Much of the early data reported on p53 were gathered using techniques that, in general, lack cell resolution, such as PCR, Western blot, and ELISA. Moreover, many of the initial studies linking p53 with nervous-system injury and degeneration somewhat overlooked the involvement of glia, and thus arrived at neuron-centred conclusions [10], [43][49]. To the best of our knowledge, this is the first study available to show the morphological features, distribution, and number of retinal astrocytes in “super p53” mice retina.

In the “super p53” mice retina, the supernumerary p53 gene was closely related to a significantly increased population of retinal astroglia when the quantification included the whole retina. This significant increase in astrocyte number was also detected in the intermediate and peripheral zones of the retina. In “super p53” the central zone, there was an area, near the optic-nerve margins, where the large amount of astrocytes made it difficult to discern cells individually, thus precluding quantification. This could be the reason why no significant differences in astrocyte number in the central zone were found between the two study groups.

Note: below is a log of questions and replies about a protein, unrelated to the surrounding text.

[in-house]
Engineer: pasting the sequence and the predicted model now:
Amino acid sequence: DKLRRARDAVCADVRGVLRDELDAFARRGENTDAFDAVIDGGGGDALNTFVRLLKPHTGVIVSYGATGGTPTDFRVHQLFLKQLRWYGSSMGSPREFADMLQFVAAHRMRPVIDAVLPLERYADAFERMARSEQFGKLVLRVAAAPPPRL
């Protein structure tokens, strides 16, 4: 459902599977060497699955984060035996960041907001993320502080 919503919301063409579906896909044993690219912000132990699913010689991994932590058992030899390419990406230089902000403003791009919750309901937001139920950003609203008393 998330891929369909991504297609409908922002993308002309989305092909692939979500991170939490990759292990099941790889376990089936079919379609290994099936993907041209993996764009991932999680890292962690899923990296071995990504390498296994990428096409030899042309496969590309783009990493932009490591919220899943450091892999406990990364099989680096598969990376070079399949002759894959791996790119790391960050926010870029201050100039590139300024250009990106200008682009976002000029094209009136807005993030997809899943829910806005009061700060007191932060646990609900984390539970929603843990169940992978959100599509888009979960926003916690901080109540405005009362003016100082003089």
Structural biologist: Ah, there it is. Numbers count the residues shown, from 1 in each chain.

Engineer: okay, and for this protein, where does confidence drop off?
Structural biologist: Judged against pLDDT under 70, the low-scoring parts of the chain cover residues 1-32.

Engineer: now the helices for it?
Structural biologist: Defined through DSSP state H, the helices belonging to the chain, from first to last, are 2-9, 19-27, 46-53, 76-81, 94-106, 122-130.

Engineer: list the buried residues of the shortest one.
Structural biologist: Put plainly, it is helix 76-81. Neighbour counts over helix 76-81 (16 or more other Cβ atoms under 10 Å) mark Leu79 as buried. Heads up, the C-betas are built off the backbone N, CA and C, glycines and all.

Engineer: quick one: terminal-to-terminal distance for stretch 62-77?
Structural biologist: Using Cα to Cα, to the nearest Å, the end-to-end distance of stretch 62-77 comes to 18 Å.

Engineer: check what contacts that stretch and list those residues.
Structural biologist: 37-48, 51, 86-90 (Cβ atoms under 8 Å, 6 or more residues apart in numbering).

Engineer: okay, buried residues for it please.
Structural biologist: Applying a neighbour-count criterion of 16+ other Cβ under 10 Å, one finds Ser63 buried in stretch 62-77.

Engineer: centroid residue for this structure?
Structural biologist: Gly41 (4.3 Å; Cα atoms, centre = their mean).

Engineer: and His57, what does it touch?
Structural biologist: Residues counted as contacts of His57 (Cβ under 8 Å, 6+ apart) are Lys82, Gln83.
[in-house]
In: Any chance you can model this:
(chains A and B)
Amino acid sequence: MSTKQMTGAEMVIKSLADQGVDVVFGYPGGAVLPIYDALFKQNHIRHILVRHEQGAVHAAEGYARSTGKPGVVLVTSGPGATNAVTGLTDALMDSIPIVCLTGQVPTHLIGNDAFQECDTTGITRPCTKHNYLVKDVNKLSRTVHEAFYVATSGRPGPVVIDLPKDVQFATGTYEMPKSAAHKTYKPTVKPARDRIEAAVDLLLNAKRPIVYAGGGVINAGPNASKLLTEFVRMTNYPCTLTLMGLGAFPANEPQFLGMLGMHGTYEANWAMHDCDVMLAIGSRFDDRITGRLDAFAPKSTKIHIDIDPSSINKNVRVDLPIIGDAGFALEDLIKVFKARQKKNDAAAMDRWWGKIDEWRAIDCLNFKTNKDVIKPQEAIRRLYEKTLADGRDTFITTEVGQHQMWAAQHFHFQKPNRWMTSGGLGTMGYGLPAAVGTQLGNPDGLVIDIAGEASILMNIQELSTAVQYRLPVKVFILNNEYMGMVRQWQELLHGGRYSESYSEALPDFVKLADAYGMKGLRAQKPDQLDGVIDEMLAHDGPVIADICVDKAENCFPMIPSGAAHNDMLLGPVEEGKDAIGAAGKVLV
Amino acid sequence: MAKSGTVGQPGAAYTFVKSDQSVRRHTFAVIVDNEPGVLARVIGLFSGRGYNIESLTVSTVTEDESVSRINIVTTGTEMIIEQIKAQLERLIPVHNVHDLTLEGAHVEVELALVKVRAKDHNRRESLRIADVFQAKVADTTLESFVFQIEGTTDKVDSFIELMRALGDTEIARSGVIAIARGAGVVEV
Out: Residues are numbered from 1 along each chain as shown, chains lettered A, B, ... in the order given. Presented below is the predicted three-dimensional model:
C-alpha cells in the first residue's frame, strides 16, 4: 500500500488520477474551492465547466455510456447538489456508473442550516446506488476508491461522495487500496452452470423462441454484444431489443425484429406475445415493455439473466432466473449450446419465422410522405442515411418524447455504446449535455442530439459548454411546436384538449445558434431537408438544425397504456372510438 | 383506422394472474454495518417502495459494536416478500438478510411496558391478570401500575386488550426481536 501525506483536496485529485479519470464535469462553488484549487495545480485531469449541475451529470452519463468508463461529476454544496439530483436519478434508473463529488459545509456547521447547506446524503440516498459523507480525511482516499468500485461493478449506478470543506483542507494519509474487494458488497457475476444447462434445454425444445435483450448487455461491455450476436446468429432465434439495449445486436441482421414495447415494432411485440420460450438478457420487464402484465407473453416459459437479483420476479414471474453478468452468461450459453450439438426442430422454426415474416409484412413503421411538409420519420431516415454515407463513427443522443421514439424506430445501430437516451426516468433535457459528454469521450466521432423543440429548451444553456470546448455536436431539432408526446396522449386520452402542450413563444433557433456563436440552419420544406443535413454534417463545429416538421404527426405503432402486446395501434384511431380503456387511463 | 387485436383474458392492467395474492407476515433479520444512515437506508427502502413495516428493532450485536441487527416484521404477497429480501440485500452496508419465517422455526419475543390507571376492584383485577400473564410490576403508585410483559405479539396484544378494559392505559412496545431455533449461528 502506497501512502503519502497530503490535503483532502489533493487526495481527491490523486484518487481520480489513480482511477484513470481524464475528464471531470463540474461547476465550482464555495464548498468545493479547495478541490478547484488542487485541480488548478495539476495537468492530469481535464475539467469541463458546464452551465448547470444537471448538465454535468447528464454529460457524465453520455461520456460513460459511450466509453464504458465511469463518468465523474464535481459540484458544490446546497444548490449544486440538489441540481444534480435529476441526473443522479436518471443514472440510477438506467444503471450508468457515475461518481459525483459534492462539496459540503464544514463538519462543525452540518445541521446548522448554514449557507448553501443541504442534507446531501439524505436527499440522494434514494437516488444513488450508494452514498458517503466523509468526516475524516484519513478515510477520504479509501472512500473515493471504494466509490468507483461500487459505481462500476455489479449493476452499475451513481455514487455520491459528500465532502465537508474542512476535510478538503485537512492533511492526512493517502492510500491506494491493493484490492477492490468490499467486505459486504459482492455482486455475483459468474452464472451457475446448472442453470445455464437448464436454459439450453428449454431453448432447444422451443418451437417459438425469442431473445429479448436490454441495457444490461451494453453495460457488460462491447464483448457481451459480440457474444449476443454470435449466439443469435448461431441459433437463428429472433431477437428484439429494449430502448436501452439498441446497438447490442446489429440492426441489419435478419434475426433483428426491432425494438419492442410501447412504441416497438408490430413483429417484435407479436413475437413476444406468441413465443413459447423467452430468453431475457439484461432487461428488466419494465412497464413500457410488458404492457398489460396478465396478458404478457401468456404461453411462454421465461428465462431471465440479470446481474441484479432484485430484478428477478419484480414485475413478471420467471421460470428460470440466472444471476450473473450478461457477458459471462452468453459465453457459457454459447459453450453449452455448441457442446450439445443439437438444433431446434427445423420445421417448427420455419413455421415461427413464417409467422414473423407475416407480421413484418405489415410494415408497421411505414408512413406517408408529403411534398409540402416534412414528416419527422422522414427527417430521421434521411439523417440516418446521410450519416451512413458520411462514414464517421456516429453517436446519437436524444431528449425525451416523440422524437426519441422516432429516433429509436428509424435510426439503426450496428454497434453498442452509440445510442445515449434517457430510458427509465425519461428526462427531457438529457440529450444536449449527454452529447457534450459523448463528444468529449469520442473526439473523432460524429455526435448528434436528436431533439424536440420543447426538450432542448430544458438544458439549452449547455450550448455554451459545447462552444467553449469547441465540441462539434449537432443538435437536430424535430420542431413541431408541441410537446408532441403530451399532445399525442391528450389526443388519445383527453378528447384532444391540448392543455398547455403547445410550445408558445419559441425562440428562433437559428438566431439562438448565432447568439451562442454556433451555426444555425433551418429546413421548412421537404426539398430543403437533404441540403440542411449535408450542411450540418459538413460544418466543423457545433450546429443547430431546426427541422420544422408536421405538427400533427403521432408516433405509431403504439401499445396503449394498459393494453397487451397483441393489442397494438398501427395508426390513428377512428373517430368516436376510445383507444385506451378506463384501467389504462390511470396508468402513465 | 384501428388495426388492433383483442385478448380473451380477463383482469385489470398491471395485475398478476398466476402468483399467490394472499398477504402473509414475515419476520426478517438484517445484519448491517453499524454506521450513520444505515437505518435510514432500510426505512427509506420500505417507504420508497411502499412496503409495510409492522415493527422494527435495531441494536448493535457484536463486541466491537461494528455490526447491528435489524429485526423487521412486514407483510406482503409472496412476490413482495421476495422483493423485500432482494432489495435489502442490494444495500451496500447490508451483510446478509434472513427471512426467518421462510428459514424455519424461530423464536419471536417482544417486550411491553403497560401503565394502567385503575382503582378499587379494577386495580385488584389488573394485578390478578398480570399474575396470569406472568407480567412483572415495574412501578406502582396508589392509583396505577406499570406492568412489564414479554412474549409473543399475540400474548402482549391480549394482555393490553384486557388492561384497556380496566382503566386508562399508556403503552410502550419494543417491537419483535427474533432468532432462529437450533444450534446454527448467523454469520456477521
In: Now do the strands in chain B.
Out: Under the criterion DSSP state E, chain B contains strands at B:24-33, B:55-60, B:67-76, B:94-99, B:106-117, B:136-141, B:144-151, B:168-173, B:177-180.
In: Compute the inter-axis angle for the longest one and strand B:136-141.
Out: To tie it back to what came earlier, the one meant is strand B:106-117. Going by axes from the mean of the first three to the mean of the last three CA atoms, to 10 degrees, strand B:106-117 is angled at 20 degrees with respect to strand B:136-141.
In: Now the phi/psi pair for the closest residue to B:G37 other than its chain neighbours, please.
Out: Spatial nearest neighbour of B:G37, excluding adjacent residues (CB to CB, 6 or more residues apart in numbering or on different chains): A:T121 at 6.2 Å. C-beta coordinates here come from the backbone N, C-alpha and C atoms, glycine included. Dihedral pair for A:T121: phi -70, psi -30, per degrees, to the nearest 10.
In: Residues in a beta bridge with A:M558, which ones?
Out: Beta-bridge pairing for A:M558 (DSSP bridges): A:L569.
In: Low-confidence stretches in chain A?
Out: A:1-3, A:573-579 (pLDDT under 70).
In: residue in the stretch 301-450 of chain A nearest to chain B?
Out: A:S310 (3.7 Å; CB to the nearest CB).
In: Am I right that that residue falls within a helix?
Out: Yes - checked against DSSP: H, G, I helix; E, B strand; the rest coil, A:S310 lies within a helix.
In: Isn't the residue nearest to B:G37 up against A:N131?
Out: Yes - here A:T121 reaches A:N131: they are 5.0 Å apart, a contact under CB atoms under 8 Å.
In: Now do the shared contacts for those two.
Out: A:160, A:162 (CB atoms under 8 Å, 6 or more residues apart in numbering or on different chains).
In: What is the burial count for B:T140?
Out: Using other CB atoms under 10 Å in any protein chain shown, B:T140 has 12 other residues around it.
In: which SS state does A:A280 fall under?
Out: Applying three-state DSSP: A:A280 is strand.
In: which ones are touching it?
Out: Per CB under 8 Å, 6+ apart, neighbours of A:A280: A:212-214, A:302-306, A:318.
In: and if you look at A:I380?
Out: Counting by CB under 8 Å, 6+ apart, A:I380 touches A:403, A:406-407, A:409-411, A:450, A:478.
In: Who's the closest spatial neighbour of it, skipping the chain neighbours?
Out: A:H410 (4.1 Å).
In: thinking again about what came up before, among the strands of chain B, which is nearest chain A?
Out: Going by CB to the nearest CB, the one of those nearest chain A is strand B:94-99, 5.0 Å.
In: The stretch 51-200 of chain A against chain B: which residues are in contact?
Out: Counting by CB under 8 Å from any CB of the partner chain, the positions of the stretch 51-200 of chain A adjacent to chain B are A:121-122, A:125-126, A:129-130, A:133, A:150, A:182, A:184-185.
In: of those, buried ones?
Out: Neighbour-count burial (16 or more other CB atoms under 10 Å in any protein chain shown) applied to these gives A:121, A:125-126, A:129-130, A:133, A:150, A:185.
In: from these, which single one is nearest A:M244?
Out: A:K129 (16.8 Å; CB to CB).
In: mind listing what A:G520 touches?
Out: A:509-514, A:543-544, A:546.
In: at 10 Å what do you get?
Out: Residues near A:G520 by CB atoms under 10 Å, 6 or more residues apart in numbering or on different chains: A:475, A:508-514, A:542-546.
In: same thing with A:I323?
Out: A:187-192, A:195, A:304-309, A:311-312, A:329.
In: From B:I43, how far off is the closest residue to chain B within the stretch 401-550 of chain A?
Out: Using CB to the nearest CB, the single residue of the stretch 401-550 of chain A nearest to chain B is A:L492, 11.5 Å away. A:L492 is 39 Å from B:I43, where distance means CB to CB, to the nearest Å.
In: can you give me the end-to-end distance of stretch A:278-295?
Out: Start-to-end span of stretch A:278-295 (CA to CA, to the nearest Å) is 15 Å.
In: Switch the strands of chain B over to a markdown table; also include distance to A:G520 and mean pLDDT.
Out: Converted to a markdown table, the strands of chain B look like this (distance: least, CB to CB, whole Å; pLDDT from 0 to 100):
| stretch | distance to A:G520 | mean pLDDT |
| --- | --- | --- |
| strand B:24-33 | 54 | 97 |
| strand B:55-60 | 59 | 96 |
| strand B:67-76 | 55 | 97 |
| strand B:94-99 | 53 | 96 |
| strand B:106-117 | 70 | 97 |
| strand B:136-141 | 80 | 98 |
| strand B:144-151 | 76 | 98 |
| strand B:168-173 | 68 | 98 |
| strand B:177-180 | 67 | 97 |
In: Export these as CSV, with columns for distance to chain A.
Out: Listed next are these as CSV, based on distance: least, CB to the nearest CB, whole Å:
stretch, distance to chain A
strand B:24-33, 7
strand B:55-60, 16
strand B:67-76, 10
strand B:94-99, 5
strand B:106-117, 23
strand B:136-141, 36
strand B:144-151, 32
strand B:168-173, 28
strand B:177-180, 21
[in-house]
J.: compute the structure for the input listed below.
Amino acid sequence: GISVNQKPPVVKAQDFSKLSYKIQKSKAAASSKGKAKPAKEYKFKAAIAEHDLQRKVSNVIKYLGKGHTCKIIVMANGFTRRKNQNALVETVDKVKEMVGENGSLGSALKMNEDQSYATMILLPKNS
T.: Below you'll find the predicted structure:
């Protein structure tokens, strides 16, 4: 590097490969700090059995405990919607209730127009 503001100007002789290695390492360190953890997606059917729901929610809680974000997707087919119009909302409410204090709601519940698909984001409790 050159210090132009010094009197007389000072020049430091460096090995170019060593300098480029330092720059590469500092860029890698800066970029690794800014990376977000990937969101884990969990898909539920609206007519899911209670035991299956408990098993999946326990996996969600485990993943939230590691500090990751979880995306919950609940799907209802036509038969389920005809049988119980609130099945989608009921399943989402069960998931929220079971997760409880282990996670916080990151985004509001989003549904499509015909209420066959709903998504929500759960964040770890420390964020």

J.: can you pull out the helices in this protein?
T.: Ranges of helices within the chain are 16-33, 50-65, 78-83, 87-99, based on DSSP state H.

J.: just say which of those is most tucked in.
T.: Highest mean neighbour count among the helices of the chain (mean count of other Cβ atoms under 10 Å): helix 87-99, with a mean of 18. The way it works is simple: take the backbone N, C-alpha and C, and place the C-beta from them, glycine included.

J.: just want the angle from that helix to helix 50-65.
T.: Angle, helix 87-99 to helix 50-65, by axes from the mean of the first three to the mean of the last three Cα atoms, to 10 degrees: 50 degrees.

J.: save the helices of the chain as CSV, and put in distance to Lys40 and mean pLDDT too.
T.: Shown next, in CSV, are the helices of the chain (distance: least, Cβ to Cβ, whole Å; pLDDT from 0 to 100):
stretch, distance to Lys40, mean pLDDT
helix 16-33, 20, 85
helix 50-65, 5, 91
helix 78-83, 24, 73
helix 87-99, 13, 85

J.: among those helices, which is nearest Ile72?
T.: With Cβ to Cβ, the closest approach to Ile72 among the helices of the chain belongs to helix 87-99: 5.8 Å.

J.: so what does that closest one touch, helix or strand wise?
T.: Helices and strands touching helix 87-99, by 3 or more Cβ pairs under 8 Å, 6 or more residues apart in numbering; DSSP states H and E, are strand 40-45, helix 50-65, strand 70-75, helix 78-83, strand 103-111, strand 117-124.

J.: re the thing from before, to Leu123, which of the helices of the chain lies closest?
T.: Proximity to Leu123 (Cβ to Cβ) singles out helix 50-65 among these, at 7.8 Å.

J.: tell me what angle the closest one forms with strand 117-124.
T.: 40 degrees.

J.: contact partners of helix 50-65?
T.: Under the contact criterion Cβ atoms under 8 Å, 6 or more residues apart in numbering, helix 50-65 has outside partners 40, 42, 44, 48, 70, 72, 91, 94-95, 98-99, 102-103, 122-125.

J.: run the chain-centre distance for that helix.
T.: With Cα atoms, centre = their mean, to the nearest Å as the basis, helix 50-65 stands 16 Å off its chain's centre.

The significant increase in the mean GFAP+ area occupied by one astrocyte in “super p53” eyes in comparison with WT, could explain our subjective impression that, in “super p53” mice retina, astrocytes were more robust and formed a denser astroglial network than in the WT mice. These features are exhibited by reactive astrocytes [50][53]. Studies of neurological disorders indicate that reactive gliosis may have either a positive or negative effect on neuronal function and maintenance [52]. The task of reactive astrocytes is assumed to be that of protecting the neurons by producing neurotrophic factors, increasing the expression of antioxidant enzymes, augmenting the transport and production of glucose [54], [55], regulating the removal of harmful substances produced by damaged neurons and promoting neuronal growth [56], [57], among others. Notably, these reactive gliosis-like changes of astrocytes in “super p53” retinas did not run in parallel with an increment in GFAP-immunoreactivity (IR) in Müller cells. By contrast, Ueki et al [58] analysed GFAP expression in retinal Müller cells in mouse Trp53−/− and found greater expression of this marker of reactive gliosis.